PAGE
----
S96 Neutrophil metabolism is reprogrammed in patients with acute respiratory distress syndrome

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Abstract / Description of output

Introduction and Objectives Acute Respiratory Distress Syndrome (ARDS) arises from diverse intra- and extra-pulmonary insults and contributes to a substantial proportion of the global intensive care burden. Dysregulated neutrophilic inflammation underpins the subsequent acute lung injury central to this disease process.

Recent work in our laboratory has demonstrated that, despite their adaption to function in nutrient and oxygen deplete inflammatory microenvironments, neutrophils respond to hypoxaemia and tissue hypoxia through global rewiring of inflammatory processes.1 We showed that this results in a novel neutrophilic inflammatory phenotype, characterised by promotion and prolongation within the active neutrophil compartment, and which drives the immunopathogenesis of ARDS.1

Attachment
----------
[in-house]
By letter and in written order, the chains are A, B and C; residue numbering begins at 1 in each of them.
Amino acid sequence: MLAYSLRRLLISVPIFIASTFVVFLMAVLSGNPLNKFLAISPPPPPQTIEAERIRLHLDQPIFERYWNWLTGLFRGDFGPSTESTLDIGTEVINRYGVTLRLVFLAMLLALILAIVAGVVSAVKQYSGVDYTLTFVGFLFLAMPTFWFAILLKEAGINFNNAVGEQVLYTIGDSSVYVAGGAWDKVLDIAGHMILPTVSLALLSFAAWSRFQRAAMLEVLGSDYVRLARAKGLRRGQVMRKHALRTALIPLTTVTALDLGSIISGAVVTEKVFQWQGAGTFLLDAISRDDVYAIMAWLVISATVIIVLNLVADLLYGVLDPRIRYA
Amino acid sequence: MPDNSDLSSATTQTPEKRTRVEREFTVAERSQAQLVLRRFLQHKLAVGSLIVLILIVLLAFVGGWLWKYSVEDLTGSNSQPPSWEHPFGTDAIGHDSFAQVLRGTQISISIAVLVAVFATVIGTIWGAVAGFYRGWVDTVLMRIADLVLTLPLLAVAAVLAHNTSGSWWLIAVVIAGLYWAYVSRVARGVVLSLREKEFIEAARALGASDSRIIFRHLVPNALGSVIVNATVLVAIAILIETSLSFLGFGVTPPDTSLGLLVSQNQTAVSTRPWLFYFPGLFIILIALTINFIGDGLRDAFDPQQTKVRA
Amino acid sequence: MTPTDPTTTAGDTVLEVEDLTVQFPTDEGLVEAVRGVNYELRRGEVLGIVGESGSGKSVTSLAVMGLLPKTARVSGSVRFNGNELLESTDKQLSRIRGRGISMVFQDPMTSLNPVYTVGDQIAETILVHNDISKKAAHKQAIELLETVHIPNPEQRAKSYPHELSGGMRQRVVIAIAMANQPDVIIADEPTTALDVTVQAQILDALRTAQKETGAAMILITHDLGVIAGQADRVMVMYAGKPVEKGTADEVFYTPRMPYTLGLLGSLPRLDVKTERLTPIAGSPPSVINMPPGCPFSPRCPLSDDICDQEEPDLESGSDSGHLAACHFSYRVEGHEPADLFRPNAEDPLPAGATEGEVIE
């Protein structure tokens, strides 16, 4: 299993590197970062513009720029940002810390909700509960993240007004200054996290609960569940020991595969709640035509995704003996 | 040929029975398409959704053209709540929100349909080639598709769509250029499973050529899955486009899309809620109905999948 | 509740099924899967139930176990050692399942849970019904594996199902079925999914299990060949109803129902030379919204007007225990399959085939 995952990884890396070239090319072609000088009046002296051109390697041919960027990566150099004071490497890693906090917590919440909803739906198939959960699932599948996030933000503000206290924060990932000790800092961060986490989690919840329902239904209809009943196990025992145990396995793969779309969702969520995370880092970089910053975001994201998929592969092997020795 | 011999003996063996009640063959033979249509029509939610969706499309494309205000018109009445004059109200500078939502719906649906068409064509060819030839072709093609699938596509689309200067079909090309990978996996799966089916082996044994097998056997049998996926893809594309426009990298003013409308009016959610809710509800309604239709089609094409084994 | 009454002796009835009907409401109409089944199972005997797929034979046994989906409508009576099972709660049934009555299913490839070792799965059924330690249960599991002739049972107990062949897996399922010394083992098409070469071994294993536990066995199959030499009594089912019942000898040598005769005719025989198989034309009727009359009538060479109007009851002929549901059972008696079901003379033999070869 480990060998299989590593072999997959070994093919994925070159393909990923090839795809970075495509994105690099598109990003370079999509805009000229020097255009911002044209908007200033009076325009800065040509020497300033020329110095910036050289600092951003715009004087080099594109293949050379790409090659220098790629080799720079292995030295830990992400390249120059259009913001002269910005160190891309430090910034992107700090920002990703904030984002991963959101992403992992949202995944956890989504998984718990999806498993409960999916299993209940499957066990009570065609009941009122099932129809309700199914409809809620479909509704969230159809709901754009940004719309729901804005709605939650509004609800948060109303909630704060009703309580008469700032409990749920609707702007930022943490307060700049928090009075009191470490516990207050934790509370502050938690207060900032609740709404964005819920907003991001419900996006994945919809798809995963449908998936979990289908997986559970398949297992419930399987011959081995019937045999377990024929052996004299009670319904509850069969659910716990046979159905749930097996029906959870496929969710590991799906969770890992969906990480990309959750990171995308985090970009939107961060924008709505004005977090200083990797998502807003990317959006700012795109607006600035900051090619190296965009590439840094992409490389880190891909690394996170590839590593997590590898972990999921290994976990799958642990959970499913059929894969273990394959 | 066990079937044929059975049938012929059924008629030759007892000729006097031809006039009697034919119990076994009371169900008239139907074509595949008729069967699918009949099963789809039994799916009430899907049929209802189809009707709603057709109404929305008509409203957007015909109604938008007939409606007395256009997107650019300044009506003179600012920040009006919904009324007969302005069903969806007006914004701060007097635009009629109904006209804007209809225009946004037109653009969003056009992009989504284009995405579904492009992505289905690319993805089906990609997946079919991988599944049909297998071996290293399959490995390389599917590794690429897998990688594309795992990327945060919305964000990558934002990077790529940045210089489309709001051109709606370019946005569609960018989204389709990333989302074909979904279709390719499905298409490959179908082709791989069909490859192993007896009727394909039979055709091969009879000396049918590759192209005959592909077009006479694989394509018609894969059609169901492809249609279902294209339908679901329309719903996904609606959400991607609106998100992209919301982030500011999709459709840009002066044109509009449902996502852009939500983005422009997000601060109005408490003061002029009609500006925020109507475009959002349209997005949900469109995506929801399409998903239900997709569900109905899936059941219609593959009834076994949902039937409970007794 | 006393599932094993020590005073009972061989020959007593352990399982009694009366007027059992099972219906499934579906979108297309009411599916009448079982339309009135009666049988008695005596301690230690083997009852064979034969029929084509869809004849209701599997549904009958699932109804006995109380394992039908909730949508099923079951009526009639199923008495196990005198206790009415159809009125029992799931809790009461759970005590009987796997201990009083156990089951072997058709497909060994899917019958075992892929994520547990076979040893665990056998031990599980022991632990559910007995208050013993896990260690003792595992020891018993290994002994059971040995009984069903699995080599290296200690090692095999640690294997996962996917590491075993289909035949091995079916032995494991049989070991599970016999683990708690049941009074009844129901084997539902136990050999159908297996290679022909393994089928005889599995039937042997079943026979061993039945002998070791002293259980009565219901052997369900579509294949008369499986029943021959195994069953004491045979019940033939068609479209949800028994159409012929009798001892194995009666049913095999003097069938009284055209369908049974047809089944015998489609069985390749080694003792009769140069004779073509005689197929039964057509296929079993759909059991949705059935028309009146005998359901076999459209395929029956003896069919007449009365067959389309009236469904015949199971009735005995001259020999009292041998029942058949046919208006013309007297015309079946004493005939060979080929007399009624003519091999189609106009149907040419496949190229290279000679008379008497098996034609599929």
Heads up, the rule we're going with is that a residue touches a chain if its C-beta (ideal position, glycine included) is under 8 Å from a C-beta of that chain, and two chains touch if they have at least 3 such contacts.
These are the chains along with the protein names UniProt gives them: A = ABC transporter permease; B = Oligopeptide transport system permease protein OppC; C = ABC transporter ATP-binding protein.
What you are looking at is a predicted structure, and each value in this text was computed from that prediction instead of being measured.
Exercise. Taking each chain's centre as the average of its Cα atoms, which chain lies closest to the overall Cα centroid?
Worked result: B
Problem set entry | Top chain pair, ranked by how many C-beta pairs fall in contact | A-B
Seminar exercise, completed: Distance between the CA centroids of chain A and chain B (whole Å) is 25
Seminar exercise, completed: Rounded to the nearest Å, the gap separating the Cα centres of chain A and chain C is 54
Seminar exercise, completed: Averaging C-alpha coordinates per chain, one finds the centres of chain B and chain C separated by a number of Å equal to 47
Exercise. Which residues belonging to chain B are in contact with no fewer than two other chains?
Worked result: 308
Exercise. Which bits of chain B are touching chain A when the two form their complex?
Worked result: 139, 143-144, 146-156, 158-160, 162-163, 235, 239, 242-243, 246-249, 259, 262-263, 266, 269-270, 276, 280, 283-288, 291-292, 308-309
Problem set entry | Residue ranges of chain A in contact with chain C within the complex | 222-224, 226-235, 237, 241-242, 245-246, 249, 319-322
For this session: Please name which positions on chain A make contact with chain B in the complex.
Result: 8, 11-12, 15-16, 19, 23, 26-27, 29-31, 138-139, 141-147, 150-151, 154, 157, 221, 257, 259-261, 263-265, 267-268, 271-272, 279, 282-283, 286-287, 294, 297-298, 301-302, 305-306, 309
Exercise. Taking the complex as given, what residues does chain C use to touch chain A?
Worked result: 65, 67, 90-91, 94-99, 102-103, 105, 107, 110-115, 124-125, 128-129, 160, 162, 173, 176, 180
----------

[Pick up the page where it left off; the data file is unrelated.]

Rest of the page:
We now hypothesise that within ARDS patients’ circulating pools of inactive neutrophils, there is a metabolic phenotype that correlated the observed functional signature. To test this, we sought to perform targeted metabolomic and proteomic analyses of inactive blood neutrophils from healthy volunteers and ARDS patients.

Methods Twenty patients (n=15 moderate-severe ARDS patients and n=5 healthy controls) were recruited to a single-centre cross-sectional study undertaken between 04/2020- 01/2021. Neutrophils were isolated from participants’ whole venous blood. High-performance liquid chromatography and mass spectroscopy (HPLC-MS) was performed, enabling chemometric metabolomic and proteomic analyses.

Results In ARDS neutrophils, relative to healthy control cell samples, metabolite abundances and protein expression levels were indicative of elevated glycolytic, gluconeogenic, fatty acid oxidative and synthetic activity. Additionally, our findings were consistent with upregulated glucogenic amino acid catabolism and the remodelling of the tricarboxylate cycle. Furthermore, despite their preserved energy status, we also observed an increased capacity for oxidative phosphorylation. These findings are summarised in figure 1.

Original languageEnglish
Article numbers96
Pages (from-to)A60-A61
Number of pages2
Early online date11 Nov 2022
Publication statusPublished - 7 Jul 2023
EventBritish Thoracic Society Winter Meeting 2022 -
Duration: 23 Nov 202225 Nov 2022


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